It is a rare genetic medical condition characterized by a triad of optic nerve hypoplasia, structural brain abnormalities, and hypothalamic/pituitary deficiencies. To establish the diagnosis, two of the three features must be present. All three are only present in 30% of affected individuals. Neuroradiologically, this syndrome is defined by agenesis of the interhemispheric septum pellucidum, schizencephaly, hydranencephaly, and holoprosencephaly. Clinically, other important features include mild to severe developmental delay, seizures, visual impairment, sleep disturbance, precocious puberty, microgenitalia (especially in males), obesity, anosmia, sensorineural hearing loss, and cardiac anomalies.
Septo-Optic Dysplasia; Optic Nerve Hypoplasia; Dwarfism-Septo-Optic-Dysplasia.
This medical condition was first reported in 1941 by D. L. Reeves, an American neurologist, when he observed the association between visual impairment due to optic nerve abnormalities and the absence of the septum pellucidum. However, it was in 1956 that George de Morsier (1894-1982), a French-Swiss neurologist, called attention to the triad of findings associated with this condition. He named it septo-optic dysplasia.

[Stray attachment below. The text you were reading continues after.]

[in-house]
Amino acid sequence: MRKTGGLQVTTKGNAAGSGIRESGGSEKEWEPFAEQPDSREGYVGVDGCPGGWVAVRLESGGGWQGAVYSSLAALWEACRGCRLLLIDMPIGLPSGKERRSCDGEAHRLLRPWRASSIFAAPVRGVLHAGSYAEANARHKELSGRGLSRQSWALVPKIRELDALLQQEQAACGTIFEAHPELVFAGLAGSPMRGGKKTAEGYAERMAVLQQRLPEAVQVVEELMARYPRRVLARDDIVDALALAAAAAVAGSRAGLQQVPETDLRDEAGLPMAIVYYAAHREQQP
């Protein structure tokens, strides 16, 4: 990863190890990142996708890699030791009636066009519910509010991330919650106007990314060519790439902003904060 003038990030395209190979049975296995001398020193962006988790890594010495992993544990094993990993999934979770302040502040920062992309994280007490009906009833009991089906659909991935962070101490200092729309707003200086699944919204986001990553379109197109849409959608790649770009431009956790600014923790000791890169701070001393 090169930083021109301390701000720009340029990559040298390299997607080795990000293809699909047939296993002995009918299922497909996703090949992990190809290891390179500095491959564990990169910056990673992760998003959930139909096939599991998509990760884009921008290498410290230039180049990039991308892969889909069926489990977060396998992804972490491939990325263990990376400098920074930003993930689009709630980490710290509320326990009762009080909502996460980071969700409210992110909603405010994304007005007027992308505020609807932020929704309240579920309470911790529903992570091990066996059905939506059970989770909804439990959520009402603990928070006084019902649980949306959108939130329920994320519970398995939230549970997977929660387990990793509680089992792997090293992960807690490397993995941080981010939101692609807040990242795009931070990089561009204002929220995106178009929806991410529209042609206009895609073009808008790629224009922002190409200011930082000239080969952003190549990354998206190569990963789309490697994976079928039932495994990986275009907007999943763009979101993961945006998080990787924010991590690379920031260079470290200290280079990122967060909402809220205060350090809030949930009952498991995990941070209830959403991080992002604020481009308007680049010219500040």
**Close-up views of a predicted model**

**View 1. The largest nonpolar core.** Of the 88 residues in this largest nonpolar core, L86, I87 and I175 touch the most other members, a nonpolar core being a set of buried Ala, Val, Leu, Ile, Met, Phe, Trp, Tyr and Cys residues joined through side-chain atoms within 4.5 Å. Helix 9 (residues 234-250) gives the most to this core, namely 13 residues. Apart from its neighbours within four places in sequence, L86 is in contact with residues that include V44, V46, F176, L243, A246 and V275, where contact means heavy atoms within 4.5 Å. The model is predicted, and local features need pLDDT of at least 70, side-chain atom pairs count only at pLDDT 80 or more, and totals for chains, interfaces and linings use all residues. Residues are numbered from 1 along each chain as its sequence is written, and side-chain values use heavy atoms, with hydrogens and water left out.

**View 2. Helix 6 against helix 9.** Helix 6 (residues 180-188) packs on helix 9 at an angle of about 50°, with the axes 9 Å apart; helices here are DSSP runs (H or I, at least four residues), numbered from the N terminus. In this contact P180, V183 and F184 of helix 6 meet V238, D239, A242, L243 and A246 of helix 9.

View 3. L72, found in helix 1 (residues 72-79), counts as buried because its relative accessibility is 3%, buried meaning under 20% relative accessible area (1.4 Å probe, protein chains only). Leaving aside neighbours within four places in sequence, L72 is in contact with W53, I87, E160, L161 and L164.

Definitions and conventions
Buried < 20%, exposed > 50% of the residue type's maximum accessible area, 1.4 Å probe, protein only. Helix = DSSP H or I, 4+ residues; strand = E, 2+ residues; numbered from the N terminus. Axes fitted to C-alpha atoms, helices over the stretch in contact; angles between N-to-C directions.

The exact incidence is established at 1:10,000 live births worldwide. It is prevalent equally in males and females. This medical condition has been linked to young maternal age, cocaine abuse, and other street drugs.
A rare familial recurrence has been reported. It is recognized as a phenotypically variable disorder. This suggests that there is possibly one genetic form that has been linked to the homeobox HESX1 gene. A mode of inheritance has not been determined. A genetic diagnosis can currently be made in less than 1% of the patients. Sporadic mutations are most frequent and involve the OTX2, SOX2, and PAX6. In most cases, De Morsier’s Syndrome is a sporadic birth defect of unknown cause and does not recur with subsequent pregnancies.
It is a developmental disorder resulting from a defect of normal embryological development. There is no single cause to explain this medical condition. The typical picture includes optic hypoplasia, pituitary hypofunction, and midline defects of the prosencephalon. Milder forms exist in individuals with heterozygous mutations of the gene.
Clinical picture, family history, brain imaging and MRI, and cytogenetic identification of mutations of the HESX1 gene.
Wide variability in the clinical picture. The syndrome is characterized by hypoplasia of the optic disk and nerve, hypothalamic–pituitary axis defects, and agenesis of the septum pellucidum. Visual impairment is usually noted at birth, ranging from decreased vision in one eye to no vision in both eyes secondary to optic disc hypoplasia/atrophy and corneal opacification. Variable pupillary dilatation is often associated with this nystagmus. Optic nerve hypoplasia is generally manifested with nystagmus and a variable degree of visual impairment, ie, ranging from normal vision to complete blindness. ...